Posted in | Nanomedicine | Nanomaterials

New Study Describes an Important Step in Activation of the Immune System Against Nanoparticles

Doctors would prefer to use all kinds of nanoparticles in the body, for instance, to create comprehensive images of anatomy and disease, and to deliver cancer-fighting drugs deep inside the tumor tissue.

Dmitri Simberg, PhD, and colleagues show one way the immune system recognizes nanoparticles. (Image credit: University of Colorado Cancer Center)

However, millions of years of evolution have prepared the body to recognize and eliminate foreign particles, even nanoparticles. Hence, one major problem in using nanomedicine has been the unfortunate efficiency of the immune system in reacting to what it views as infection, at best removing nanoparticles before they can complete their goals, and at worst resulting in harmful immune overreaction that causes serious risks and side effects.

A University of Colorado Cancer Center study reported in the Nature Nanotechnology journal on January 14th, 2019, illustrates a significant stride in the activation of the immune system against nanoparticles. The finding may enable scientists and ultimately doctors to conceal nanoparticles from the immune system, enabling these particles to execute their therapeutic business.

Earlier, the lab of CU Cancer Center investigator Dmitri Simberg, PhD, has demonstrated the ability of blood proteins (collectively known as protein corona) to cover nanoparticles, marking them for the immune system to invade. Specifically, the Simberg lab demonstrated that one of the most important constituents of the immune system, viz., the complement system, does not have the ability to attack nanoparticles if they are not coated with protein corona. Currently, the Simberg lab has shown another step in this process: Natural antibodies inside the protein corona are responsible for the potential of the complement system to identify and invade nanoparticles.

Basically, we found that C3 deposition on nanoparticles (and thus immune system activation against nanoparticles) really depends on natural antibodies in each person’s blood. We can remove these antibodies and there is very little complement system activation. Then we can add these antibodies back and there is activation.

Dmitri Simberg, PhD, Associate Professor, Skaggs School of Pharmacy and Pharmaceutical Sciences.

The research, which was carried out in collaboration with Moein Moghimi, PhD, Professor at Newcastle University in the United Kingdom, considered the ability of a common complement system protein, called C3, to identify and attack extensively employed nanoparticle-based anti-cancer pharmaceuticals Onivyde and LipoDox, (and also the nanoparticle-based iron oxide supplement Feraheme). Upon washing out antibodies called immunoglobulins from the blood of healthy donors and cancer patients, Simberg and team found that the potential of C3 to identify and mark these nanoparticles was decreased to 70%–95%. On restoring these immunoglobulins back, the team again observed buildup of C3 on these nanomedicines.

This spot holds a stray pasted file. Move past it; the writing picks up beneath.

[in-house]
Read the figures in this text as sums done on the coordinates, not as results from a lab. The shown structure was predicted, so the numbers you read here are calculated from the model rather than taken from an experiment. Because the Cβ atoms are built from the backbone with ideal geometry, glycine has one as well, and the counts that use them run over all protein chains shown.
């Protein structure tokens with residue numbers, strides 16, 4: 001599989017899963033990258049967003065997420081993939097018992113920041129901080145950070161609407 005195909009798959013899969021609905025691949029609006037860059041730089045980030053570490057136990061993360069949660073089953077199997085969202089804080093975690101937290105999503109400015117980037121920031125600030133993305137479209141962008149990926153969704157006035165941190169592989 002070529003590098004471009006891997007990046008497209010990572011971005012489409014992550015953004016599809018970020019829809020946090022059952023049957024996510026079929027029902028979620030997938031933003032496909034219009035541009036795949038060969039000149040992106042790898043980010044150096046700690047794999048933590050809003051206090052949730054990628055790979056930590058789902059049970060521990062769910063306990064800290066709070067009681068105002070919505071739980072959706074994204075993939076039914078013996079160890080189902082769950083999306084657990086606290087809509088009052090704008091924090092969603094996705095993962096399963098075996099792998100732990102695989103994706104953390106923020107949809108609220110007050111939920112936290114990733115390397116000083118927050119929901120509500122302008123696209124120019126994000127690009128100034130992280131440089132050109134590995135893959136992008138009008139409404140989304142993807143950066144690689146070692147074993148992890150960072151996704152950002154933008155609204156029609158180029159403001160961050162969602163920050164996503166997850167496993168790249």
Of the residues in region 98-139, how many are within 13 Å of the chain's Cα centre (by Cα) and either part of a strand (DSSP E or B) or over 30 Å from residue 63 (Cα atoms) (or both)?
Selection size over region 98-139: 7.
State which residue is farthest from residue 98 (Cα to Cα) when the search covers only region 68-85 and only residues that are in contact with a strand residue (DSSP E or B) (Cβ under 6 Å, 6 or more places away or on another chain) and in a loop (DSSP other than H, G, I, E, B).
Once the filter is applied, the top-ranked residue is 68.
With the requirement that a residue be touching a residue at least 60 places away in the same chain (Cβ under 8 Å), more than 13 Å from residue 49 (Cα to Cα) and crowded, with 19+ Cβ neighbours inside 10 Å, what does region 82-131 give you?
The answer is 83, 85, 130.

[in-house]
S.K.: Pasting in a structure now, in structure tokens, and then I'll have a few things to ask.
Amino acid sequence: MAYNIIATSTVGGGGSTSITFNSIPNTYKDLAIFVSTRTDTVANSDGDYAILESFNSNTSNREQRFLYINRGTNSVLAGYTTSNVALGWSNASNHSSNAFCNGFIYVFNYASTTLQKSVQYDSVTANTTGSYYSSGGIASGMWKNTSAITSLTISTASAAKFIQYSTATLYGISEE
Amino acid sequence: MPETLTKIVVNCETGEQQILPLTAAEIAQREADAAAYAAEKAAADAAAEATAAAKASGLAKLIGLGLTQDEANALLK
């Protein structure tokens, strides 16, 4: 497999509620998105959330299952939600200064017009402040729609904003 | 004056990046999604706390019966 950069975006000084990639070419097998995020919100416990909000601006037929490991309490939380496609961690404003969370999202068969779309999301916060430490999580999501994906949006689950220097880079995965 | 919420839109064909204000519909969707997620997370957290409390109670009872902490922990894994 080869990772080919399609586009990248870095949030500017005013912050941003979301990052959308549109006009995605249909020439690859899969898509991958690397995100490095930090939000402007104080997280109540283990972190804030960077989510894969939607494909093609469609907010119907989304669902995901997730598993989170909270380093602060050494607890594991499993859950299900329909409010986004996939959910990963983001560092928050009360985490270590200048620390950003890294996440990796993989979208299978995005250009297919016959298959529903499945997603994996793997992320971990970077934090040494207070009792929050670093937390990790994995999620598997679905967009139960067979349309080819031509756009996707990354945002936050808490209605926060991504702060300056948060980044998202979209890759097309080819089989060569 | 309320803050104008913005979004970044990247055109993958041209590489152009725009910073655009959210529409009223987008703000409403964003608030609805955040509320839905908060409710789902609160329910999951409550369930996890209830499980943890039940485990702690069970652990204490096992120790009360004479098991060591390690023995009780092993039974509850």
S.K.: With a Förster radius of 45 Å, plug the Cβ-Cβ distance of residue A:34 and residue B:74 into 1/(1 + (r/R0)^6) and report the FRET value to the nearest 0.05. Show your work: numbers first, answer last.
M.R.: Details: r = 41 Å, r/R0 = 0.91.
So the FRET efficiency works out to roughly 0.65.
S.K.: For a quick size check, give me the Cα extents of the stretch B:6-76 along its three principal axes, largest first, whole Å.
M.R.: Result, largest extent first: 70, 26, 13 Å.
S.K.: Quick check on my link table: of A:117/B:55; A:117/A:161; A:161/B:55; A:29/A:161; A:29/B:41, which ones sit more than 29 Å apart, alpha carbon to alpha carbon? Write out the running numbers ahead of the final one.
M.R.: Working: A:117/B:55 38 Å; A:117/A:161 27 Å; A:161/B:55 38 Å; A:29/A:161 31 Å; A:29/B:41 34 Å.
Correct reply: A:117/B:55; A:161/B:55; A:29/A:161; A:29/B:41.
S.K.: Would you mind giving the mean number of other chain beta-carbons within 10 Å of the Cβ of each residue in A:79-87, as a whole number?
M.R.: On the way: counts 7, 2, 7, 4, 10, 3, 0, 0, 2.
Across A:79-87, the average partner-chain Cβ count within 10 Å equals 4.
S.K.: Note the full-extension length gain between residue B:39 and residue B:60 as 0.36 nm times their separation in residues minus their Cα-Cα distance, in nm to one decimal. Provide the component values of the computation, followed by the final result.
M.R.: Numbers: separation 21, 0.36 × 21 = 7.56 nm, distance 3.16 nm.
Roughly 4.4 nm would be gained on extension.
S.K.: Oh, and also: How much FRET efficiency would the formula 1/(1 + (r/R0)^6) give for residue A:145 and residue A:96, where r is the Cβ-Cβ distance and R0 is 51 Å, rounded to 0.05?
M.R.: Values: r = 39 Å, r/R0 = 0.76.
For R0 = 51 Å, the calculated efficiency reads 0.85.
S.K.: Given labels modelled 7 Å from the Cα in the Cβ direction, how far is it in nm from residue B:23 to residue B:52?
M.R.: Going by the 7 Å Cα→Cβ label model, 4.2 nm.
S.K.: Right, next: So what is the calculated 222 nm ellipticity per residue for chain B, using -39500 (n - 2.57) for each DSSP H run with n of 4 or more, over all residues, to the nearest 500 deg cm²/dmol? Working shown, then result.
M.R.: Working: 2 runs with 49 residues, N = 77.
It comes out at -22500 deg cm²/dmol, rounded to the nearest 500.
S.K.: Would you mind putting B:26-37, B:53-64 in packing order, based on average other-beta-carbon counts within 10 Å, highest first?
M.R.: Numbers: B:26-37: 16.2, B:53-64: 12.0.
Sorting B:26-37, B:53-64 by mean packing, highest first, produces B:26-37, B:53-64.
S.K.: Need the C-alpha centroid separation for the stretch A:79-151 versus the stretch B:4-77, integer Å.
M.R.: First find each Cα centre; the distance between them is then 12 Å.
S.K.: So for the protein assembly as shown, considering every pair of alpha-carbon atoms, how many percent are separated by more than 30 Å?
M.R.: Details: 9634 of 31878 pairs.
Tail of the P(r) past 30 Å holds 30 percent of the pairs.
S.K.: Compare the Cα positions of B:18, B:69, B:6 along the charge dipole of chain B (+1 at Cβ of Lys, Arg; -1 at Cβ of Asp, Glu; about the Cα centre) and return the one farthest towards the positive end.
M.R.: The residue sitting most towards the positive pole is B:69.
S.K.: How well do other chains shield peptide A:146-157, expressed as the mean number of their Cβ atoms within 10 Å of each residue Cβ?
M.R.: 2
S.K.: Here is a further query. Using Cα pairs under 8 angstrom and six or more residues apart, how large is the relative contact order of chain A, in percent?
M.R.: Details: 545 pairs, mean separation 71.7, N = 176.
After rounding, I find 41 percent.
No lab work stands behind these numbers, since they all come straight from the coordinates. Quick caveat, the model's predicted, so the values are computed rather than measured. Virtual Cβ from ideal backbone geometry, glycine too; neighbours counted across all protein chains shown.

Our immunological memory is made up of antibodies that help us to recognize pathogens that we may have encountered long ago. Each person has a set of natural antibodies that recognizes nanoparticles. The individual reactivity of a person to a specific kind of nanoparticle depends to some extent on how much of these antibodies a person has. There’s variability—one person may have more antibodies that recognize a certain kind of nanoparticle, while another person has different antibodies that recognize another kind of nanoparticle. What is really exciting is that all these antibodies seem not to bind to naked nanoparticles. The particle needs to be coated with a protein corona—binding of these antibodies is much more efficient when you have these other proteins sticking to the nanoparticles first.

Dmitri Simberg, PhD, Associate Professor, Skaggs School of Pharmacy and Pharmaceutical Sciences.

It is expected that ongoing research will find out the origin and source of antibodies that identify nanoparticles, providing a clearer picture of why some people exhibit immune over-response in response to nanoparticle-based medicines. By gaining insights into how antibodies identify nanoparticles, Simberg and his colleagues hope to develop methods to selectively obstruct this action, resulting in more effect and less side effect of nanomedicines.

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